Trading in your Car? Here’s what you need to know about negative equity and your insurance.
If you’re about to trade in a vehicle you still owe money on, and the trade-in value doesn’t equal what you still owe on the loan, here’s an important thing to consider before you roll that debt into your new vehicle’s finance contract. Your automotive policy will not cover the loan amount, just the value of your new vehicle.
Negative equity – sometimes referred to in the car sales business as being “upside down” – means that the value of your vehicle as a trade in is less than the amount you still owe against the loan you took out to pay for it.
This scenario was never much of an issue 10-15 years ago, but the market desire for lower monthly payments has led to automakers offering extended term finance contracts, some as much as 84 and even 96 months. That makes a vehicle more affordable on a month-to-month basis, but obviously costs more in interest by the end of the term. It also means the time it takes you to reach a state of equity – where the vehicle is more valuable than the outstanding balance of the loan – longer. Often, drivers are ready for a new vehicle before that equity level is reached.
Let’s say you trade in your vehicle and receive $15,000 from the dealer, but still owe $18,500. Subtract what you get in trade against the loan and you still owe whomever financed the vehicle $3,500. More often than not, you’ll be presented two options: pay the balance in a lump sum; or, roll the difference into the financing contract for your new vehicle. The roll-in seems an attractive option from a cash flow perspective, but has implications if your vehicle is involved in an accident and written off as a total loss.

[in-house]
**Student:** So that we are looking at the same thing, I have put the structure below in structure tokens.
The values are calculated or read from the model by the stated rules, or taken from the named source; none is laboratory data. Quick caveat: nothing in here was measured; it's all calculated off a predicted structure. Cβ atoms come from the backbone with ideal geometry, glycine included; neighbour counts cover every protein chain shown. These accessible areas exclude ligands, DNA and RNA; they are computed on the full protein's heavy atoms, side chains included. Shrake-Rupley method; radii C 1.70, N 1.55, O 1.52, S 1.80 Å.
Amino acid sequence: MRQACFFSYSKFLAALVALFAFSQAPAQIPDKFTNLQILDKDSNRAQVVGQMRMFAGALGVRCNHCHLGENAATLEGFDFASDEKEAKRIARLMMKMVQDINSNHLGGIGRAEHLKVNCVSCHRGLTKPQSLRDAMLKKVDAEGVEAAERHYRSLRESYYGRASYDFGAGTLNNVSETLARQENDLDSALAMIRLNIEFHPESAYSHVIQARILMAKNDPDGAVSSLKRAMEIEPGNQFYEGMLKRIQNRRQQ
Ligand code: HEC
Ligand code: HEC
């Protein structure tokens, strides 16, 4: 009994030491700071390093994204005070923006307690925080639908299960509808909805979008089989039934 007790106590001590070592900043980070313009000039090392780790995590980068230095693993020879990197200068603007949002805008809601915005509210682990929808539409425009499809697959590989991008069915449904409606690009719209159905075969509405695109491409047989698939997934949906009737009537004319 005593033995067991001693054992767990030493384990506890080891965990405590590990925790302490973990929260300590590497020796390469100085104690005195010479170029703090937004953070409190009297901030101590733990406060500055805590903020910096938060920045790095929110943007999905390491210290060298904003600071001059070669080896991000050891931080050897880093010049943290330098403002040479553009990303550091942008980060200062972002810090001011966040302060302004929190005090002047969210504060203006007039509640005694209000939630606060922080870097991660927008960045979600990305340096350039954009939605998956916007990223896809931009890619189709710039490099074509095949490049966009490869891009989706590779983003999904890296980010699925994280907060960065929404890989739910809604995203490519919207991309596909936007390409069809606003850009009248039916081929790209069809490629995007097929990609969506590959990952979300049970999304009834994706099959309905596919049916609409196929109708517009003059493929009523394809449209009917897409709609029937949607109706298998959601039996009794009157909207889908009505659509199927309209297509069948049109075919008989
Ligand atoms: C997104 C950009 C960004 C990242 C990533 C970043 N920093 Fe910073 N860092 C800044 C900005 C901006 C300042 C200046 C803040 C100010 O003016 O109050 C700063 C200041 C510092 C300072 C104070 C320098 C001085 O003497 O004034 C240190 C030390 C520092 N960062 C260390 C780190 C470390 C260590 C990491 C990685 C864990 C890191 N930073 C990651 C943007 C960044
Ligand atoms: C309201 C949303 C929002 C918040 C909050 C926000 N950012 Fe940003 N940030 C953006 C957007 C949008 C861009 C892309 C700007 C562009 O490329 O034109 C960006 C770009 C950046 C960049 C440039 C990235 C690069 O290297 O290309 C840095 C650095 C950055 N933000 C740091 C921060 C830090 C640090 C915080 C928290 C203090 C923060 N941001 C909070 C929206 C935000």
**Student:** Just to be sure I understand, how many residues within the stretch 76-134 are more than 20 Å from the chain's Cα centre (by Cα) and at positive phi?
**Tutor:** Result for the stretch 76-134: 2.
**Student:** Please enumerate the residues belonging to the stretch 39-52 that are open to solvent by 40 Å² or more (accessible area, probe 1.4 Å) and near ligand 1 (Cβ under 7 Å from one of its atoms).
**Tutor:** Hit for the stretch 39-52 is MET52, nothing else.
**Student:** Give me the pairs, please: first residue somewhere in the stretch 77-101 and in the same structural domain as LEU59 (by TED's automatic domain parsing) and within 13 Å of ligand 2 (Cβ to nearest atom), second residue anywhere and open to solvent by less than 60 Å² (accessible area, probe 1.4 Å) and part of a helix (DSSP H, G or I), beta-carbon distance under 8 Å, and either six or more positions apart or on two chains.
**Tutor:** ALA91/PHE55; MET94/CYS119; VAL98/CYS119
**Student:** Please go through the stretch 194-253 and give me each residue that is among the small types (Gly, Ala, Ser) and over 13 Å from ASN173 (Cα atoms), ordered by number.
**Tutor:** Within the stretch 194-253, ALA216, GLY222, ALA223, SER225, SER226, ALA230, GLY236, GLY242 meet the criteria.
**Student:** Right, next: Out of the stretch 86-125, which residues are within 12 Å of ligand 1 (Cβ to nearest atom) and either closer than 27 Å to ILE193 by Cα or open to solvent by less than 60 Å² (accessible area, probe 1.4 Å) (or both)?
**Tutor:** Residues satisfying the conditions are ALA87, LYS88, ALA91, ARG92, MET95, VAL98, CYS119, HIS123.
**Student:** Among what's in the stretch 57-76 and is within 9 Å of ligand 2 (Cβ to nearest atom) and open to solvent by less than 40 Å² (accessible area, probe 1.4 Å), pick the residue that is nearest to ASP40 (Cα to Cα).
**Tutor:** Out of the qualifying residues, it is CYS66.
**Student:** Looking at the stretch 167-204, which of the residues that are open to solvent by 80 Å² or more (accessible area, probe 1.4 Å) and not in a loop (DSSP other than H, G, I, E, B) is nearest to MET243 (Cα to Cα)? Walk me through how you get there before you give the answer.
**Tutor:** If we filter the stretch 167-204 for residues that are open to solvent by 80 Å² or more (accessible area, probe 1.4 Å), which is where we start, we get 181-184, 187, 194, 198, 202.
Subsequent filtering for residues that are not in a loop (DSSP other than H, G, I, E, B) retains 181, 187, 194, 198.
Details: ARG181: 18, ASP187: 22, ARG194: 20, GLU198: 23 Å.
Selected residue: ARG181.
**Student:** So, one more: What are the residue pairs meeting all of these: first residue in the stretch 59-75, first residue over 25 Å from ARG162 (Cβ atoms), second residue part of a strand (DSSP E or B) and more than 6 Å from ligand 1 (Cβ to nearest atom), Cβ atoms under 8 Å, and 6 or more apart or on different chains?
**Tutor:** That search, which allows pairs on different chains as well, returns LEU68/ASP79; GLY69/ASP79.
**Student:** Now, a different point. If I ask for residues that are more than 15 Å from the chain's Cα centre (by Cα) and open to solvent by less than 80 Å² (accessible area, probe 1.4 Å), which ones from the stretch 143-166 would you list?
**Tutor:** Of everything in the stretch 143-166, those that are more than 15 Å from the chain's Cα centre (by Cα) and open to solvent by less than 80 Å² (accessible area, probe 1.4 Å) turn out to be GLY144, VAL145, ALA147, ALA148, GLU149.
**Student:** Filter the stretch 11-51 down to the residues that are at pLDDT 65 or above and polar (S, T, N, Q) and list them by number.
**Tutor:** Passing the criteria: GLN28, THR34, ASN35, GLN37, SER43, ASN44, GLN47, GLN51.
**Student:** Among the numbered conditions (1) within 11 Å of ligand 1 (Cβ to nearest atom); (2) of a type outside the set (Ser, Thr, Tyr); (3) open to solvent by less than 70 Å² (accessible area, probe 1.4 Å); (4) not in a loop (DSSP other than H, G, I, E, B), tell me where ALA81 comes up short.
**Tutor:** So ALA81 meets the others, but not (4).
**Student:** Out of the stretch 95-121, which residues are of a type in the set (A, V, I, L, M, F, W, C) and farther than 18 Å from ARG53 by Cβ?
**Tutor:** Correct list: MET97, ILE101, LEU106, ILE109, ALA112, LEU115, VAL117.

Recently, someone we know rolled over $10,000 from their previous loan into the financing contract for a new vehicle valued at $40,000. So, while the vehicle was worth $40,000, they actually were making payments on a $50,000 car loan. Then they were in a bad accident, and their new vehicle had to be written off. The insurance company promptly paid out the maximum policy limit for the new vehicle, but the driver was still on the hook for the $10,000 difference rolled into their contract from their previous loan. They now must pay that $10,000 out of pocket, or secure financing through another lender to pay it off, because they only have coverage for the listed vehicle on the policy, and NOT the value of the loan against it.
There are dealerships that provide a product known as “gap insurance” to cover the difference, but your auto policy will not – it’s not even an optional add-on.
Here at DPM Insurance Group, “Your Security – Our Responsibility” means we’re also here to provide you the insurance information you need to help you make a decision. If you’ve been vehicle shopping and are prepared to make a purchase, give one of our brokers or CSRs a call BEFORE you close the deal, and we can let you know everything you need to make the best decision for you… and your wallet.